of course, because the audience was at least half full of blokes (friends with the mostly-male comedians), they get a few laughs. which is why they keep telling the damn things.
although ‘know your audience’ is excellent counsel for stand-up comedy, going for lowest common denominator is like shooting fish in a barrell. 
heard the one about ‘just because you can masturbate on a public bus doesn’t mean you should’?
just because you can be a sexist jerk and get some laughs doesn’t mean you should. 
to be able to make a room full of people laugh at dick and fart jokes is not actually that hard. 
it takes skill, true wit and real intelligence to be able to hold court and make a stack of people all laugh at what is common humour.
c’mon, just be fucking hilarious.
(and this is where i get sanctimonious.. )
i also don’t think a comedian’s role is just to get a few giggles and a bit of an ego stroke. 
most comedians are observant, interested in what makes people tick and on some level believe that a humourous way to look at life is an opportunity to sometimes say something serious. 
i think they can raise the standards of what people find humourous (and by definition, then, not funny at all). they can make the kind of difference on an audience’s perceptions than art can only dream of. 
i just wish they’d take that role and put it to good use.
and to women going to comedy nights, i reckon we should start heckling a little more. sick of hearing jokes about just sucking a guy’s cock when he opens a door for you ‘cos that’s what he really wants? BORING!! GET OFF!
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and then what happened?

i may continue to write about things i learned at reckless for a while. probably because some of the works will take a while to sink in*
one that came to mind early on, perhaps even before the workshop started, was my new slogan for 2012: and then what happens? i don’t recall making a specific one for 2011, but it was tied up with not having a day job. 
anyway, i realised that i’m not so great at thinking through an idea to its true end. like, i have a good idea and can imagine the final ‘image’ of it, but the reality of my ideas and their execution is that the ‘image’ is really only the first part of the experience and sometimes i forget to think about the rest of it.
say i decided it’d be awesome to set up an installation in which people DO stuff. well i imagine all the details of the room – lighting, costume, action, person shuts the door, ta-da! but after that, someone has to open the door, reset the room and make sure that the instructions for the audience actually work. and i often forget about that stuff until the last minute. having gaffed it up in small ways during the workshop, i’ve vowed to take some time in a project to think like a production manager and make sure that the actual end of the work gets seen to. like when the last piece is taken out of the building and the work is safely stored in a warehouse, or something.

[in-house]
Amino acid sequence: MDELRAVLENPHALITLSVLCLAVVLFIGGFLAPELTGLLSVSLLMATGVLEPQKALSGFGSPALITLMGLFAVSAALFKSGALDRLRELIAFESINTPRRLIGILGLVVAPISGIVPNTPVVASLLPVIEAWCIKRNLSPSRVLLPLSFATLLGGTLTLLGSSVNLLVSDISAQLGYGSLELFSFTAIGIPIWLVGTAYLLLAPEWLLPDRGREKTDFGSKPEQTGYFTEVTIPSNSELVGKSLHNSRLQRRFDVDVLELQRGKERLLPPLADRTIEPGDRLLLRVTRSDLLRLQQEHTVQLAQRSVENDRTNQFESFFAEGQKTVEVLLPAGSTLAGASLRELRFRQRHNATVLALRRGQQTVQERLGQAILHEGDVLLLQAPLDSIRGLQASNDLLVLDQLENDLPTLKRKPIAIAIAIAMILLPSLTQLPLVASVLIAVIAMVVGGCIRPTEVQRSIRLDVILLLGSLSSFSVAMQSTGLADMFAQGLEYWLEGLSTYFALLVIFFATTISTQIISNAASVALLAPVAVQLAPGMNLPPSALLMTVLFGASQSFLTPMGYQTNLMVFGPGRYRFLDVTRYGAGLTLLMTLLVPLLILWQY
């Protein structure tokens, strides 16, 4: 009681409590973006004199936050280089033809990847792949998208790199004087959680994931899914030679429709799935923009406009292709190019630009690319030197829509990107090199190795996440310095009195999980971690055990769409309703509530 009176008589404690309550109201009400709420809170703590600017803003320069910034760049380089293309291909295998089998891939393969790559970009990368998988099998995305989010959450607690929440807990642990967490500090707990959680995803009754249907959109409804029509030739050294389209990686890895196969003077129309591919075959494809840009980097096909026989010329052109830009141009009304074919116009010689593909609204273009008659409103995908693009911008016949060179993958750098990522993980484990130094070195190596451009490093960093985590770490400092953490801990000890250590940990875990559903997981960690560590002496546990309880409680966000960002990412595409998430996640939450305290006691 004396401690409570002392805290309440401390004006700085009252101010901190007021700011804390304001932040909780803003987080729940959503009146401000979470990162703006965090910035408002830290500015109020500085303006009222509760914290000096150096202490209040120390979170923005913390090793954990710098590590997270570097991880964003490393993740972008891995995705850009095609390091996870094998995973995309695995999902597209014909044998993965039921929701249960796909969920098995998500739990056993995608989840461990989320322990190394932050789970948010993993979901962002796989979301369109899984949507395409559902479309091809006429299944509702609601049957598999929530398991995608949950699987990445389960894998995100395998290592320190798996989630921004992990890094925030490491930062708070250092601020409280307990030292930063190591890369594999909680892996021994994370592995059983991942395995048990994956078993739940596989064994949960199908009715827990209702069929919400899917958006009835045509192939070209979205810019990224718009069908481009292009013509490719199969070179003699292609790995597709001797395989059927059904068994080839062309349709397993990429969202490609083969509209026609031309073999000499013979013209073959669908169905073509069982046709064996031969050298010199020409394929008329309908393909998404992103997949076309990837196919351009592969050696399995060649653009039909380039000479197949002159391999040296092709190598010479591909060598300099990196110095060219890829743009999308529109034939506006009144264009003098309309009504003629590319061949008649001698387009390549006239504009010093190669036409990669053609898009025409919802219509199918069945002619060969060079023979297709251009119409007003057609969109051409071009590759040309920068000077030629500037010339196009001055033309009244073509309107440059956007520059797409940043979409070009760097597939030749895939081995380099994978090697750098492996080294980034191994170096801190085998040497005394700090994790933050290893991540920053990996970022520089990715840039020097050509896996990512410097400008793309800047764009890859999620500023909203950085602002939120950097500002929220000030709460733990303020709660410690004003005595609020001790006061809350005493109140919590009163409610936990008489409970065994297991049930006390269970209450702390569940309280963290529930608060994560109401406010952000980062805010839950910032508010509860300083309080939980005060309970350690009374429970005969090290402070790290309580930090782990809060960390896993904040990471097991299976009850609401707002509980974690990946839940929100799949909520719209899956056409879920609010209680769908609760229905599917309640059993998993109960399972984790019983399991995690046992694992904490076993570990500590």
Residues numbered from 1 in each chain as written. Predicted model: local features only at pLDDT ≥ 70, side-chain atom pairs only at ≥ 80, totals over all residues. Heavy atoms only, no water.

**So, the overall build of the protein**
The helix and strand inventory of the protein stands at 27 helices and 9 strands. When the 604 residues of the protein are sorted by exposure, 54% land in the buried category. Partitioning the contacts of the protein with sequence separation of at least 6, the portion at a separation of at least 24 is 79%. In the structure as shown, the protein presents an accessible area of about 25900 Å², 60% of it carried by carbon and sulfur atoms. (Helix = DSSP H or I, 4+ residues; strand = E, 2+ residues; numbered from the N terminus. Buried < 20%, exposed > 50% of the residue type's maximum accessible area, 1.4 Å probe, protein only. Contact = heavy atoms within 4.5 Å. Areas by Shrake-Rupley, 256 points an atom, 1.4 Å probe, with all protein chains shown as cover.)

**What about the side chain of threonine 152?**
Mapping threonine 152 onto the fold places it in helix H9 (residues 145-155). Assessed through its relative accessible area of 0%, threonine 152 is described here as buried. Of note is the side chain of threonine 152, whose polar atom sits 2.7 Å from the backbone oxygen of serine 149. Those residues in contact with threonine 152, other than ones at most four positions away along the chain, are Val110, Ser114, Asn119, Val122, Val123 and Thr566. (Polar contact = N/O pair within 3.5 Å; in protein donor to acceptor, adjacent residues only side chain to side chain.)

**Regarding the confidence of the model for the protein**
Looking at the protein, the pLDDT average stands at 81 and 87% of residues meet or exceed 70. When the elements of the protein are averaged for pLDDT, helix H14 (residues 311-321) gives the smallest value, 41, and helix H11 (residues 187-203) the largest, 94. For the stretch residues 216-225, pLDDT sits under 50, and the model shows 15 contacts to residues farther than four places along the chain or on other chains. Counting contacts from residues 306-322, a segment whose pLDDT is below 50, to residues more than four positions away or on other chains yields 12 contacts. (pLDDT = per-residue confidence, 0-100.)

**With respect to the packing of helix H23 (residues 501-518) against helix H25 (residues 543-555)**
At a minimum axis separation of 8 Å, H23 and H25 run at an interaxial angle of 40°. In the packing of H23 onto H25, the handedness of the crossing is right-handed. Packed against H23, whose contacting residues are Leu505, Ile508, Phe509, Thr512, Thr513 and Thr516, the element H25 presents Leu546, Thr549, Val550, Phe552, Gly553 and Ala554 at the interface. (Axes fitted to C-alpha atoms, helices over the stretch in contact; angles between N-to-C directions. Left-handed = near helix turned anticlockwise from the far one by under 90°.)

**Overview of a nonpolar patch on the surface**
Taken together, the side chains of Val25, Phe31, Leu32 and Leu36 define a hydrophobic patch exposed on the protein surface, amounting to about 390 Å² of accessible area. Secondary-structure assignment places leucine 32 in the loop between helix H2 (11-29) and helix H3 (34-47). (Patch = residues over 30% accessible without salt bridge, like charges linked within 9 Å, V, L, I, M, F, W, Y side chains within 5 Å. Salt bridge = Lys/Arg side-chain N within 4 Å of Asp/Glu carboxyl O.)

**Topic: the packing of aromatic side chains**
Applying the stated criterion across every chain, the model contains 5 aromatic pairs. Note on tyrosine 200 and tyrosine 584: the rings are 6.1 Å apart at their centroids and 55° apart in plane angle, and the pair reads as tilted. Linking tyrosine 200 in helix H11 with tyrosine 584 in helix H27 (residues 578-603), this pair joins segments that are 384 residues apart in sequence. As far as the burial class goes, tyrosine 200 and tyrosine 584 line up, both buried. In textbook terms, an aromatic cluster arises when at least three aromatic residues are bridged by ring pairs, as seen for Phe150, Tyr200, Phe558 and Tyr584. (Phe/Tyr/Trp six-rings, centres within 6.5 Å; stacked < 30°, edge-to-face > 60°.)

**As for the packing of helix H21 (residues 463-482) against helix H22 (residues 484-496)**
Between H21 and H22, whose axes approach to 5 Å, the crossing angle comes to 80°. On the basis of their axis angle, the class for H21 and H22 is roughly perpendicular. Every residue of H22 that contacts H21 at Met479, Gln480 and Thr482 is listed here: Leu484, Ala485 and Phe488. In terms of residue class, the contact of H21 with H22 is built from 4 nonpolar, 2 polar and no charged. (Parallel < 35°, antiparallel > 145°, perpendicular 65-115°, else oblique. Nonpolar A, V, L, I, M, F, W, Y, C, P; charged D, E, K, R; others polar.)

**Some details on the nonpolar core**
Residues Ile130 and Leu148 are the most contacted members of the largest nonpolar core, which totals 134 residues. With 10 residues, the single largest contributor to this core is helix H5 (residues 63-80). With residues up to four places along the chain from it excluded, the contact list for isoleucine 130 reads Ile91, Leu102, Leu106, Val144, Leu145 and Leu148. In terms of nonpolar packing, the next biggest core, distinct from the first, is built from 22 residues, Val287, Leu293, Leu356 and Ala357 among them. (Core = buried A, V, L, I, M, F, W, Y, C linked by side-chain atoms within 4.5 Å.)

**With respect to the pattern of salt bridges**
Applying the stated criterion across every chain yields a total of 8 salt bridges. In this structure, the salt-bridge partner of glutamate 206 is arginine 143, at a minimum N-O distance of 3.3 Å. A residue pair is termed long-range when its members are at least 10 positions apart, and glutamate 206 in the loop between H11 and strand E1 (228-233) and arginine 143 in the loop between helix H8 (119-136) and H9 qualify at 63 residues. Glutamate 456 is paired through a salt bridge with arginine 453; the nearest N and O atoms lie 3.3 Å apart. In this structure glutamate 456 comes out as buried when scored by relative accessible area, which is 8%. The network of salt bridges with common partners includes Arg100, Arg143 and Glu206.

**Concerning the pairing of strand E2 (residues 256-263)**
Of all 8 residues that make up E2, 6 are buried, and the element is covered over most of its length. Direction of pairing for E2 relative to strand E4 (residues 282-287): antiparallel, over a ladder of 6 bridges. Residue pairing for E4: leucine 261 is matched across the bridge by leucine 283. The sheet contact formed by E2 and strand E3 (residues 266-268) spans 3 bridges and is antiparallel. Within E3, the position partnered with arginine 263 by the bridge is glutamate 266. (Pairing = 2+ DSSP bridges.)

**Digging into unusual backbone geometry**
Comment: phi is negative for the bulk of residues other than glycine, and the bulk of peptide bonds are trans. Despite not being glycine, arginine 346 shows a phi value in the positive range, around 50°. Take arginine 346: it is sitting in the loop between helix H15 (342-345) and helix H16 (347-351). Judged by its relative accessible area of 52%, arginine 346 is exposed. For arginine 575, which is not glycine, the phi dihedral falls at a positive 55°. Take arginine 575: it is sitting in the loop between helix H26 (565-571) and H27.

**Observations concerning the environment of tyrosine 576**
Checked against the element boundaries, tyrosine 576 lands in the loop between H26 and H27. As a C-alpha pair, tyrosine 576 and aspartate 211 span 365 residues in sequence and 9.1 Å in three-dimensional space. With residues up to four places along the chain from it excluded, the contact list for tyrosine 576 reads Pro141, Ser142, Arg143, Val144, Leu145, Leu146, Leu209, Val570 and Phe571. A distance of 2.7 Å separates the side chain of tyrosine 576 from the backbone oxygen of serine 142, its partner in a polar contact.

i don’t know if i’m quite explaining it, but i just wanted to share it all with you anyway. perhaps as a confessional. perhaps to get a witness. and make it ‘real’. 
and something along with that resolve is also a reminder that i can make meaningful work about things that matter when i start with what matters to me. musicians i like often talk about the personal being political and i have been able to see how it works with them, but it wasn’t until i saw my own interests and experience being extended and expanded that i could see how it pertained to me too.
as i write, i’m currently waiting for some funding apples to fall from trees (could those with connections to christopher hitchens please ask him to orchestrate a little luck for me, please?), and quite a lot of that funding is to develop new works, or extend works currently in the early stages of development. i’m hoping to bring into those new works a deeper consideration and perhaps a more serious or formal process for developing my own works. this year it was quite haphazard – dependant on residency projects and a bit reactionary – coming back from europe and the early stages of figuring out how to actually manage my practice.
in that time i feel like i learned from my peers and elders how to put some space around my work a bit. interestingly a lot of them are from performance backgrounds and seem to have a good sense of time-planning that i have pinched from. not that i won’t give myself time to respond to works immediately, but next year i’m hoping to bring more measure into my time. 
and then what happened?
*guffaw! in-joke!  i made a work in which i got people to stick their heads in a sink full of  water) 
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fremantle arts centre shows

for the first time in ages, i went to see other people’s art. it feels so strange to write that, considering how much time i spent doing just that prior to this year. i guess the recent article was right in a guide to buying art when the author said ‘don’t listen to artists, they’re too busy making art to see anything’. damn.
i digress.
on saturday i went to fremantle arts centre to see what was on offer. i’ve seen some good shows there during the last year, but i was a bit disappointed this time – the paintings and prints from the mark howlett collection really left me cold and the women in fremantle public art design competition made me angry. 
the paintings i did enjoy were a series with geometric consideration. not hard-line math-art, they were nonetheless drawing from isometry, representations of dimension and had a quasi-sculptural element to them. the framing/structure of the paintings themselves contributed to their form.